beyond Pentecostal Christology (i)

When I outlined the Christological basis for Edward Irving’s move into what today we would call Pentecostalism, I promised that alongside my appreciation of its merits (which are considerable) I would also share a couple of reservations. Although, maybe ‘reservations’ puts things around the wrong way.

Rather than a dead end that we should notice but not walk down (a sort of theological cautionary tale), I believe Irving’s Christology is an incredibly fruitful and necessary step along the way to recovering a richer understanding of Jesus — and, consequently, of the shape and dynamism of the Christian life.

Let me explain how I see this working.

As far as our understanding of Christology, Irving has highlighted the significant role of the Spirit in Jesus’ incarnation, life, and ministry — raising questions about his humanity and to what extent he might be a role-model for us and not simply God stepping in and doing what we can’t. Instead of backing away from this, I think we should embrace it.

What embracing this means, on the one hand, is that we must affirm the trinitarian backdrop that makes sense of classical formulations of the full divinity of Jesus.

That is to say, what it means for Jesus to be fully God (as well as fully human) is that he shares in the unique divine identity with Israel’s God — co-eternal, co-equal, and united with the Father in essence and will. And Irving’s close work in the biblical text helps us see that Jesus does this by the powerful agency of the Spirit.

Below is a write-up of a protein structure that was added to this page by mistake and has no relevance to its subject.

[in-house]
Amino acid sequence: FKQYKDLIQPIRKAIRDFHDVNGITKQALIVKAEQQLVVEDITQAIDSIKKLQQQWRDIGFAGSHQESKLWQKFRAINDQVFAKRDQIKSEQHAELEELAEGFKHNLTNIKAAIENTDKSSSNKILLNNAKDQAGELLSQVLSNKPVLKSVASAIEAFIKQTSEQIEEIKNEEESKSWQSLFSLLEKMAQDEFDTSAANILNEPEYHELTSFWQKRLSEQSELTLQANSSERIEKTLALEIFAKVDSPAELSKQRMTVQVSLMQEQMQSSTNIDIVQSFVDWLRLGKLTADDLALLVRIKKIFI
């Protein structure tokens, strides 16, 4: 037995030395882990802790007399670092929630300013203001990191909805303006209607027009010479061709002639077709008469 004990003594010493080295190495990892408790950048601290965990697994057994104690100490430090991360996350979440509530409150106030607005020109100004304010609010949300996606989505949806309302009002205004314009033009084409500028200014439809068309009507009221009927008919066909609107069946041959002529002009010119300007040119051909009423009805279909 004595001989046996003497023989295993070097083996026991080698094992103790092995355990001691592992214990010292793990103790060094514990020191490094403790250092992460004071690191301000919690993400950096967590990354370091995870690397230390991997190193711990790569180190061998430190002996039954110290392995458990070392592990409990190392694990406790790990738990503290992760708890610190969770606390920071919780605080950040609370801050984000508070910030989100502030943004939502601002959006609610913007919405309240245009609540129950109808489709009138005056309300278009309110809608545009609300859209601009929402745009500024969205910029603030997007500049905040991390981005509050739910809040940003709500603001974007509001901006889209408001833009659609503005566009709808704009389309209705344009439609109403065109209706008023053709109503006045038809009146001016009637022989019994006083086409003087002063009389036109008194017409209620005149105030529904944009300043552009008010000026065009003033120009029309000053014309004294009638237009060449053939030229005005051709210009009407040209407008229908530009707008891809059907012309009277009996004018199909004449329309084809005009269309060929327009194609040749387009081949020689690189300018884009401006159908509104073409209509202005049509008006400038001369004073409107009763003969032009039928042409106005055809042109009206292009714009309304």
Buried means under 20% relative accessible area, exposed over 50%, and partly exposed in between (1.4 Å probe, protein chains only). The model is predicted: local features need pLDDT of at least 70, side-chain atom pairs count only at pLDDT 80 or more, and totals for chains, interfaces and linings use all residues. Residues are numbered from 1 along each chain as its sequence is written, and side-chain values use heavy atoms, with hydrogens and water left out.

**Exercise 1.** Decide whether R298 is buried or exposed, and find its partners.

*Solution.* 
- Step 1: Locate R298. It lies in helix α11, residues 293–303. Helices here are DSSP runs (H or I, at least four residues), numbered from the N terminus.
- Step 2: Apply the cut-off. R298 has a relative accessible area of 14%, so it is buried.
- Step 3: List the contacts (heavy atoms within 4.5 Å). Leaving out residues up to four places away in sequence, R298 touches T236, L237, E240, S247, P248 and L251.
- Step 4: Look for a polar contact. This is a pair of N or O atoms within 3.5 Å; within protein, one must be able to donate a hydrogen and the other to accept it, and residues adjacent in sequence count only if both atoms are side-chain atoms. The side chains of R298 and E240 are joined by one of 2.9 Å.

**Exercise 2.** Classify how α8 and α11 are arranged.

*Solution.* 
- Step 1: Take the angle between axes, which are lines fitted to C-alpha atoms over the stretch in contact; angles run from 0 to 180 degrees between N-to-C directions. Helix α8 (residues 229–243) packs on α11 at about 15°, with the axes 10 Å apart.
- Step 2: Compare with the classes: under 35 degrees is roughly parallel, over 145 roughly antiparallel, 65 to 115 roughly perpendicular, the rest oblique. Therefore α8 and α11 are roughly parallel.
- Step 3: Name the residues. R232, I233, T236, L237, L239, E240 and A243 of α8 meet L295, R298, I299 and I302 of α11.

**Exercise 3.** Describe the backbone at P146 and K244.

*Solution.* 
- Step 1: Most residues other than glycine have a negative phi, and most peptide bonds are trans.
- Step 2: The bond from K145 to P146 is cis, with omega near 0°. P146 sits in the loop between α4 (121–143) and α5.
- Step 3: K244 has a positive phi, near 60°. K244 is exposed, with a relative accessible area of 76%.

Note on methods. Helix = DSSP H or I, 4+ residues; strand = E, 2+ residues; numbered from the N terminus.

On the other hand, embracing the role of the Spirit in enabling Jesus to walk the path he does in his ‘incarnate career’ helps us see his representative humanity as a full and genuine humanity. So we can admit that in his life — and supremely and climactically in his death and resurrection — Jesus does do what we cannot do. And yet he does it as one of us.

This means his work for us isn’t detached from us — something God goes over our heads to do, merely wielding Jesus’ humanity like some fleshly instrument. Rather, it’s carried it out in deepest connection with us and our being.

As a real human being, Jesus is able to deal with our plight from within — getting to its heart by the power of the Spirit, and becoming sin for us that we might become the righteousness of God.

Likewise, as a real human being, he now lives and stands before God for us — sharing his risen life with us by the power of the very Spirit he graciously pours out.

I’ll try to tease out how I see this shaping and energising Christian living in the next post.

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